ANOTHER RAINBOW SERPENT is said to have travelled down from Cape York and the Queensland Gulf country to near Riversleigh. Dingo Dreaming Tracks connect the Waanyi and other tribes with people of central Australia. West of Alice Springs, Native Cat Dreaming Tracks link people of that area to groups north to and beyond the Victoria River. Throughout Kakadu, Arnhem Land and North Queensland there are crisscrossing tracks associated with a wide array of Beings, while across the Kimberley of Western Australia the travels of Wandjinas are most notable.

If we were to plot all of these tracks, a number of fascinating details would become apparent. First of all, we would see that many correspond with traditional seasonal travel routes and that some also correspond with modern roads and highways. Second, we would see a strong correlation between sacred sites associated with Ancestral Beings and Dreaming Tracks. We would also find correspondence between Dreaming Tracks and meeting places, some types of rock art and some forms of stone arrangement. Finally, we would observe links to places of geo-diversity and biodiversity.

We would have a map that was social, historical, geological, biological, ecological and archaeological at the same time. Within it, we would see communities of people existing in large “provinces” as well as others living at junctions, with influences from several directions at once or changing influences over time. Keep River and Riversleigh-Boodjamulla are junctions in this sense, while the Kimberley, Arnhem Land and Cape York are more like provinces. Central Australia is another province, one that people moved in and out of with the changing climate and resource availability.

After visiting central and northern Australia, Bruce Chatwin explored Aboriginal concepts of mapping in his 1987 classic The Songlines (Jonathan Cape). Although he focused on the musical and rhythmic aspects of mapping great stretches of country, through both shared and exclusive songs, the fuller story is more one of great narrative and oral history. This narrative focuses on the travels, encounters, actions and inactions of powerful Ancestral Beings in the earliest eras of the Dreamtime, a period of great change, creation and destruction. The routes across Australia that these beings defined through their journeying became Dreaming Tracks, Chatwin’s “Songlines”, that continue to connect distant groups of Aborigines today.

Before the recent era of European-induced change, creation and destruction, these tracks were maintained through ceremony, song, visual art, the transmission of oral history, trade and other forms of exchange. Today, these tracks illustrate ways of conceptualising land other than through the printed maps, roads and hard political boundaries so typical of the modern world. This way of connecting is not just a northern phenomenon, it is also something long practised in the south. However, European colonisation impacted differently in the south so that details of indigenous traditions were quickly lost. The result has been a global fascination with the traditions of Aborigines of the north and centre combined with a marginalisation and denial of tradition in the south.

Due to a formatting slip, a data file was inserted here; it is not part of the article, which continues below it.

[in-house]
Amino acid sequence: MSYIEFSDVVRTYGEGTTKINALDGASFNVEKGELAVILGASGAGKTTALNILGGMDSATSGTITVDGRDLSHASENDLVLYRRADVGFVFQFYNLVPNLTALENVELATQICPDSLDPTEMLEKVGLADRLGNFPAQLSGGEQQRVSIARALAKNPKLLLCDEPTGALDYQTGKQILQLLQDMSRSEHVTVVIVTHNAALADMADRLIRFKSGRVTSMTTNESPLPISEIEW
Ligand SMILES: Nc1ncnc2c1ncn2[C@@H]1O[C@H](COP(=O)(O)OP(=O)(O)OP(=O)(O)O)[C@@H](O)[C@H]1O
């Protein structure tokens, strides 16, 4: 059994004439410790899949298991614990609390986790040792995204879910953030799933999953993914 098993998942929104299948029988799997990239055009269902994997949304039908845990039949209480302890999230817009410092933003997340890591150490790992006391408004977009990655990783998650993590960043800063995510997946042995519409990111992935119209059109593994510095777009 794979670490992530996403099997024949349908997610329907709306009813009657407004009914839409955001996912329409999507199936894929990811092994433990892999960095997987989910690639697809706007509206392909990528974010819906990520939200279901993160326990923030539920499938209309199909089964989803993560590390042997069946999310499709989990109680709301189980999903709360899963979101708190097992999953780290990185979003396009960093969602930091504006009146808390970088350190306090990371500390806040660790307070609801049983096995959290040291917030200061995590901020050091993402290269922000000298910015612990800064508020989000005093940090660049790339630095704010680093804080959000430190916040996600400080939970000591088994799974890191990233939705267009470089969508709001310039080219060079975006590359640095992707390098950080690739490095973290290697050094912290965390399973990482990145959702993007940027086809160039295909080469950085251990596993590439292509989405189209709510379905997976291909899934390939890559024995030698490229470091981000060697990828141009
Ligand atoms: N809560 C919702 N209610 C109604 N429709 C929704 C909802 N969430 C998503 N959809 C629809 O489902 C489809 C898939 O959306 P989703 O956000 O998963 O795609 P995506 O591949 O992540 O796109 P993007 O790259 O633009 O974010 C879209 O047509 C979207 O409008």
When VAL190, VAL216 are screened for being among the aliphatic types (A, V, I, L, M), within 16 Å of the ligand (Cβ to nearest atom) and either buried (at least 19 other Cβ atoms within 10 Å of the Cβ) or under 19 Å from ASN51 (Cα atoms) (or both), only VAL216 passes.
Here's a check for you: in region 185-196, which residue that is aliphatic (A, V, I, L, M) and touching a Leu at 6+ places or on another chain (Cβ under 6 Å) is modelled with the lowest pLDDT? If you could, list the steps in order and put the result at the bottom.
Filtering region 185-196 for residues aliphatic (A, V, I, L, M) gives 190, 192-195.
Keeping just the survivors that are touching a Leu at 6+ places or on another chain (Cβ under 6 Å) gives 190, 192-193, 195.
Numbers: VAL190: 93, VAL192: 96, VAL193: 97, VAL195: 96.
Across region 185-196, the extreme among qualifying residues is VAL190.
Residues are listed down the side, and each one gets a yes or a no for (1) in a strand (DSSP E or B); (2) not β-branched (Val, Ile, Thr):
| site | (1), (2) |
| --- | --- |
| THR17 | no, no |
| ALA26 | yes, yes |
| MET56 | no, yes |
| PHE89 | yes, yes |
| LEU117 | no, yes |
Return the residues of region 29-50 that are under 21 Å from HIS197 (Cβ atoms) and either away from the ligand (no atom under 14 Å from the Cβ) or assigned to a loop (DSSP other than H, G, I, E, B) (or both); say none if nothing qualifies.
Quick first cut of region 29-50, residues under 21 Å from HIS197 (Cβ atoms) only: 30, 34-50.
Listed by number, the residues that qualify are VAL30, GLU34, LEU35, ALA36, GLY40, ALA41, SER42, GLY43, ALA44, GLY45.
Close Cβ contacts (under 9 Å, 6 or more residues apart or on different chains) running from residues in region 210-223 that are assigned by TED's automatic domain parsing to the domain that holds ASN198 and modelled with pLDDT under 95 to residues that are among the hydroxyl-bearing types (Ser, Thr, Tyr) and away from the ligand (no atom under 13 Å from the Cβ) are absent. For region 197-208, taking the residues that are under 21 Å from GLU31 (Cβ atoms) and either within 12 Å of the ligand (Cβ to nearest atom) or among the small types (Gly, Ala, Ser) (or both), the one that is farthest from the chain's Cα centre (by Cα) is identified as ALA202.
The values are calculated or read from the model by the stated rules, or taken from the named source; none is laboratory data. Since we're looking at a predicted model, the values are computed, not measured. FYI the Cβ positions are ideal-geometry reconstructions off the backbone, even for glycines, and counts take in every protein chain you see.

ONE OF THE SIGNIFICANT traditions of great interest for the outside world is known in English as the Dreamtime or Dreaming. These terms loosely refer to a very complex belief system that incorporates history, narrative, traditional practice, innovation, individual experience and religion in a way that is centred on land and landscape. Each Aboriginal linguistic group has its own term for the Dreamtime and the details vary between groups. However, one of the common themes is that of connections and relationships: to other groups of people, other creatures, land, the past and the Ancestral Beings that created all of this. There has been much written about the Dreamtime by white Australians, and heated arguments as to its nature, but essentially it is a religious and philosophical approach to behaviour and conduct. It defines the law and lore for Aboriginal Australians, allowing them to survive in both harsh natural and political environments.

A common misconception among non-Aboriginal Australians is that the Dreamtime ended some time ago (often because of contact with Europeans). For most Aborigines, the Dreamtime continues to express itself, albeit in new ways. However, the Dreamtime was never static; change has always been an essential feature. Changing landscapes, seas and climate resulted in transformations of Ancestral Beings, plants, animals and even people.

Learning to accept, cope with and perhaps control change is one of the many lessons/laws, implicit and explicit, in most Dreamtime stories. Another misconception is that there was only one era of Dreamtime. In fact, there were many eras, although their number and nature vary across the country. It was in the earliest eras that Ancestral Beings were most active, shaping and forming the world out of nothingness, forging trails and tracks and creating other creatures. In northern Australia, Aborigines often say this was the time of the “first people”, the Nayuyungi of Kakadu and other parts of western Arnhem Land.

Across Australia, the Nayuyungi and other first people established the chains of connections and webs of relationship essential for Aboriginal survival. They created Aborigines, with some of them later transforming into other creatures. They taught them languages, about different foods, particular ceremonies, certain songs and societal laws. In a general sense, stories about the Ancestral Beings have their origins in the deep past and the first people to arrive in Australia, at least 45,000 to 60,000 years ago, “created” the continent for subsequent generations through their travels, discoveries, marking and mapping. However, much detail relates to the past few hundred or few thousand years and, particularly, changes that began 4000 to 6000 years ago. It was during this period that major changes in stone-tool kits, rock art and language occurred, climate changed and landscapes were transformed by the final rise in sea levels. Importantly, one of the most important Ancestral Beings appears in rock art for the first time as well – the all-powerful Rainbow Serpent.